For finish, I chose to use simple food-grade mineral oil, the type that you might use on a wooden cutting board. It's easy enough to squirt some on the board and rub it in, allow it to sit for a while to absorb, then wipe away the excess. Note that you'll have to renew this finish every so often since the oil will dry out or be washed out over time.
Step 7: Cooking Time! Boil, Peel, and Rice the Potatoes
And now for the main event!
Place your potatoes in a large pot and cover with water. You can peel before boiling or afterward - some potato varieties peel easier prior to boiling. Add a couple pinches of salt to the water, and bring them to a boil. Once boiling, reduce to a light boil and set the timer for 30 minutes. At the end of 30 minutes, remove from heat and drain the water.
Rinse the potatoes in cold water and let sit until the outsides are cool to the touch. Peel off the skins now if you haven't before. Put the potatoes in the ricer and squeeze the riced potato...mush...into a mixing bowl. Let sit to cool for at least 20 minutes, maybe longer if you have a lot of potatoes. You want the core of the lump to be cool enough that it doesn't start cooking the eggs (added in the next step).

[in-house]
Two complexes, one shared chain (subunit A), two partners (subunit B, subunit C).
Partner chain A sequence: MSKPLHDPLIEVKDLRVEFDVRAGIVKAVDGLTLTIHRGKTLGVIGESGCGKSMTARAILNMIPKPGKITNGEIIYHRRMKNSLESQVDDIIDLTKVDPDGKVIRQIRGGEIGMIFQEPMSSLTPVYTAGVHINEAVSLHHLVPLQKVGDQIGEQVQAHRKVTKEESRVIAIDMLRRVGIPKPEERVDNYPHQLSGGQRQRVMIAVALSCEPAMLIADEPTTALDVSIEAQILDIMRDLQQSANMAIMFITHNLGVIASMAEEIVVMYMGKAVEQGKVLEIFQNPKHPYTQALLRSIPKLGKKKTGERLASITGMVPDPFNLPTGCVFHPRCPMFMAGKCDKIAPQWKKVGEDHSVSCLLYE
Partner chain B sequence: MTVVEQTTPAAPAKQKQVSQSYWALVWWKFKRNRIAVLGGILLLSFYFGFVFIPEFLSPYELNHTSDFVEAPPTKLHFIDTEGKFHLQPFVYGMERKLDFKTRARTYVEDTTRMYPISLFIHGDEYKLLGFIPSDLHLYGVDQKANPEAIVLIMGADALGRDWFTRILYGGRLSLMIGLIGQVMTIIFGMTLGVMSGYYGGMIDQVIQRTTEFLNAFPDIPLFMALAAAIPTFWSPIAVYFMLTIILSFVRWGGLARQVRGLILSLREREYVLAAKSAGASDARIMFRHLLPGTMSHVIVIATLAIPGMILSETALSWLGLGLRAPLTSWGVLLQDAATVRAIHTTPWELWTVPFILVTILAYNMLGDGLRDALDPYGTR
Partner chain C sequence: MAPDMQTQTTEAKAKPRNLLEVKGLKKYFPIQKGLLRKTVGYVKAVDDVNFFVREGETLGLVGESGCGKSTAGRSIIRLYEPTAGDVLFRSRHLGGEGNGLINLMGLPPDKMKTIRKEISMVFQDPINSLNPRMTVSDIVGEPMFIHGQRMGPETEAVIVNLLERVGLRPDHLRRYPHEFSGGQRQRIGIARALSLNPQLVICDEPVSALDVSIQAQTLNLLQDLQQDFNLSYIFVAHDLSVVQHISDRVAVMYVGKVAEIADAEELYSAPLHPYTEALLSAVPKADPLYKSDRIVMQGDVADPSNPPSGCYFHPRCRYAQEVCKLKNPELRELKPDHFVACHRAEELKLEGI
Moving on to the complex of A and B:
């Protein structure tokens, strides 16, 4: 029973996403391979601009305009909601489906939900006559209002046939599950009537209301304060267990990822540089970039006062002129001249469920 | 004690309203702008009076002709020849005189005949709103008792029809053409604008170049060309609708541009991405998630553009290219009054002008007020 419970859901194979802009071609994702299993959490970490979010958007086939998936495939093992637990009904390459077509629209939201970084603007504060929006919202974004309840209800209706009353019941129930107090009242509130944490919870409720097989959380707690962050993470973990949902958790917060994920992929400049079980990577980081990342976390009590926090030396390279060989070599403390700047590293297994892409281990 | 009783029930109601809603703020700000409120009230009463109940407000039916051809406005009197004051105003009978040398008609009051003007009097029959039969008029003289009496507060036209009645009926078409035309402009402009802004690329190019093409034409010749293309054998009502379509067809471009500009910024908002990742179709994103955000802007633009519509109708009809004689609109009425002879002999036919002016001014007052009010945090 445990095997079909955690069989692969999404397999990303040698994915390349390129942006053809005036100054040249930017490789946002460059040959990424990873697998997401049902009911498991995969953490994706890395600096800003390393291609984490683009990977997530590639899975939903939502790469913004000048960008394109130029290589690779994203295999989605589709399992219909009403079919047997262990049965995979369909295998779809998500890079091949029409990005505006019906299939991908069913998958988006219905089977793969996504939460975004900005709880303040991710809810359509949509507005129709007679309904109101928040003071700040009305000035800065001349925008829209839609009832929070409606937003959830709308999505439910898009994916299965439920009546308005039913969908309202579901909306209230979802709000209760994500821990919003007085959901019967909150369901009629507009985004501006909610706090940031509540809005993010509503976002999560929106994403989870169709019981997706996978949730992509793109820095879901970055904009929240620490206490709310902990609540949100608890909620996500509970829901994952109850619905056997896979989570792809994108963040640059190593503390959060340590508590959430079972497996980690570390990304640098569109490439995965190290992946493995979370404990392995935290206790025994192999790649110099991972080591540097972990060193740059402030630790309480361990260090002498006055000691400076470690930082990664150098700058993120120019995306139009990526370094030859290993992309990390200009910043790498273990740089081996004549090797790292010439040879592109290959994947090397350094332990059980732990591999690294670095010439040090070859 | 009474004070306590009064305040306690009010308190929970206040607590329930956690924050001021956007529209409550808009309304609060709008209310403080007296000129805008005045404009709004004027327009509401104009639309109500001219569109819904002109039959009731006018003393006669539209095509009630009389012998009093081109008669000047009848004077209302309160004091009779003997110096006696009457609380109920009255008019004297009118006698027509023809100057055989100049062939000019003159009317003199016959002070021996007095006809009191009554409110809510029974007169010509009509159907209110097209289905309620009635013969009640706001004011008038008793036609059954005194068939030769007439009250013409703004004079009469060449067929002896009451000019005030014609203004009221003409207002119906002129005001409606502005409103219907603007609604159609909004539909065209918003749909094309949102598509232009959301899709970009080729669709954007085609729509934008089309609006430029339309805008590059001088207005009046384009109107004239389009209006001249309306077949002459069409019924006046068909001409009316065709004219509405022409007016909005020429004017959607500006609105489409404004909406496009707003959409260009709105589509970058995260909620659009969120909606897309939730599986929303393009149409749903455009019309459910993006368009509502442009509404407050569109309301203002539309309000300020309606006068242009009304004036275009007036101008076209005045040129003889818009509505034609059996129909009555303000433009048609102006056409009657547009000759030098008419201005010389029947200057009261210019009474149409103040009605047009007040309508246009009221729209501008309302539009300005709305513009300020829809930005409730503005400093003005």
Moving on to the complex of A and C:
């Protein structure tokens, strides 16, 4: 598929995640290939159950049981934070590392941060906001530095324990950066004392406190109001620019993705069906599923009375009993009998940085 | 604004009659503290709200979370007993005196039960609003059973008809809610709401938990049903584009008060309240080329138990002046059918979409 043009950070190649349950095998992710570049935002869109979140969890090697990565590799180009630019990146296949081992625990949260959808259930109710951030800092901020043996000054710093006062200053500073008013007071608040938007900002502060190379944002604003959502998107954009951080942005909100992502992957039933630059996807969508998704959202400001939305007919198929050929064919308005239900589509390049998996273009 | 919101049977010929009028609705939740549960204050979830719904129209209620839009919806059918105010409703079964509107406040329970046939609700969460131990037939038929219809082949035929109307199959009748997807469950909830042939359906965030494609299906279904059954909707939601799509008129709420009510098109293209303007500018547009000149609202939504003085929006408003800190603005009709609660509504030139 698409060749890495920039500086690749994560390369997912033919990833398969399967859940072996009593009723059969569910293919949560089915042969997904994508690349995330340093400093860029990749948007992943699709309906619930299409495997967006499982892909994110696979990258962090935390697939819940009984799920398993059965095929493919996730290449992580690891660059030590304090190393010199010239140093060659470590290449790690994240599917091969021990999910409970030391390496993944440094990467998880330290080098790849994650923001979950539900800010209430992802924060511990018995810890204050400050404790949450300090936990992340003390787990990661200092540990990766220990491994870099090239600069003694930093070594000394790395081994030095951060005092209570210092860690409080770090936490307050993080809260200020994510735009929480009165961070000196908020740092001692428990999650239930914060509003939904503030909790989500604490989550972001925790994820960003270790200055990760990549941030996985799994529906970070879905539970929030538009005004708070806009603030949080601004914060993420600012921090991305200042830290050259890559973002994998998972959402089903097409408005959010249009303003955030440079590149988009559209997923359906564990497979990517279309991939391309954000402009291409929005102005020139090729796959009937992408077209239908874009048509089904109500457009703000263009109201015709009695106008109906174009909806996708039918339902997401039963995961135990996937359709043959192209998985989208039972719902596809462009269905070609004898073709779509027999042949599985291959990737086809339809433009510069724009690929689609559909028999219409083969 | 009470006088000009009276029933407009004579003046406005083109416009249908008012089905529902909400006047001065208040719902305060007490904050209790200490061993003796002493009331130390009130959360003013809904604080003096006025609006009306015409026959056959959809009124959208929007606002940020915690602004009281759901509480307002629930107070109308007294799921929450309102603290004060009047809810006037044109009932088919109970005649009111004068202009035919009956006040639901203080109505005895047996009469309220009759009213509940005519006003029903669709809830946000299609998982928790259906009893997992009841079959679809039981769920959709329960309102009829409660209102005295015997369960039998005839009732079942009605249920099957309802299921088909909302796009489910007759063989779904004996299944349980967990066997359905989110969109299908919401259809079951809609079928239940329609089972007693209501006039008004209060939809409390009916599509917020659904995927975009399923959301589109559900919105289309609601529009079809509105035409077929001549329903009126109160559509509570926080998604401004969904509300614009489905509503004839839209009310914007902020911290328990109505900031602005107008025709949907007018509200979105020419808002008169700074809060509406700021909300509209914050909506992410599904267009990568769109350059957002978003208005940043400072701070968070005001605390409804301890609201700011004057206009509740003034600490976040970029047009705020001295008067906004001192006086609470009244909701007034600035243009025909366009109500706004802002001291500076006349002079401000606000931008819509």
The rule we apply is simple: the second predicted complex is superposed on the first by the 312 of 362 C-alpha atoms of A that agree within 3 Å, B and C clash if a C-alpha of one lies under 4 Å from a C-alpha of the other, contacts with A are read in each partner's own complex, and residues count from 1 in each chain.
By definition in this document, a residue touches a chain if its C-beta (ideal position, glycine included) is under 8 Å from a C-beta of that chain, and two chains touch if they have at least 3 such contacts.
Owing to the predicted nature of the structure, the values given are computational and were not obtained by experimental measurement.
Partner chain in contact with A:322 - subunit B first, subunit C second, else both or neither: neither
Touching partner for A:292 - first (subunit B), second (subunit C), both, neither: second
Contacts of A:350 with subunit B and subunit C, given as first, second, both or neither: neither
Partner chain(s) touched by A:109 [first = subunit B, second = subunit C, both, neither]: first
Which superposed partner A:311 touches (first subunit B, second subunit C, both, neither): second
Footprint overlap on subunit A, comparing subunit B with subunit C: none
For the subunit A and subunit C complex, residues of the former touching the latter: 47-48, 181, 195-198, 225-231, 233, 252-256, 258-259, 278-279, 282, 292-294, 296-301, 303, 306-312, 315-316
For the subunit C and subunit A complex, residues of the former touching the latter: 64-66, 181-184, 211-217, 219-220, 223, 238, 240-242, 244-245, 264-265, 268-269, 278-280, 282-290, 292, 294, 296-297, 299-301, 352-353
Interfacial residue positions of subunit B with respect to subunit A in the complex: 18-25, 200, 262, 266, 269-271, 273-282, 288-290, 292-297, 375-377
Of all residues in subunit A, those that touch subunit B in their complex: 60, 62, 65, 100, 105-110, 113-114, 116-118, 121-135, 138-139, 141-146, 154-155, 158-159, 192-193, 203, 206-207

Step 8: Mix Gnocchi Dough
Add the egg(s) to the potatoes and mix with your hands. You'll want the egg incorporated into the entire mass of potatoes.
Next, add in the flour and mix it lightly with your hands until the flour is entirely incorporated. If you have a second set of hands, it might be helpful to have the flour slowly poured in to minimize clumps. You don't want to mix this too long otherwise the gluten starts to form in the flour and toughen the dough. Keep the mixing time to a minimum, under a minute if possible.
The dough should form into a loose ball, and it should be just dry enough not to stick to your hands. Add flour to the dough as necessary to dry it out.
Step 9: Roll Out, Cut Into Pieces, and Roll Grooves Into Gnocchi
Dust your countertop with flour so that the dough doesn't stick. Also rub some flour onto your hands to help the dough from sticking to them.
Grab a hunk of dough the size of a baseball or a lemon and gently roll it into a ball in your hands. Then roll it into a "snake" about 3/4" in diameter on the countertop. If the snake gets too long, cut it in half and continue rolling. Using a knife, cut the snake into ~3/4" long pieces, which should look like little pillows.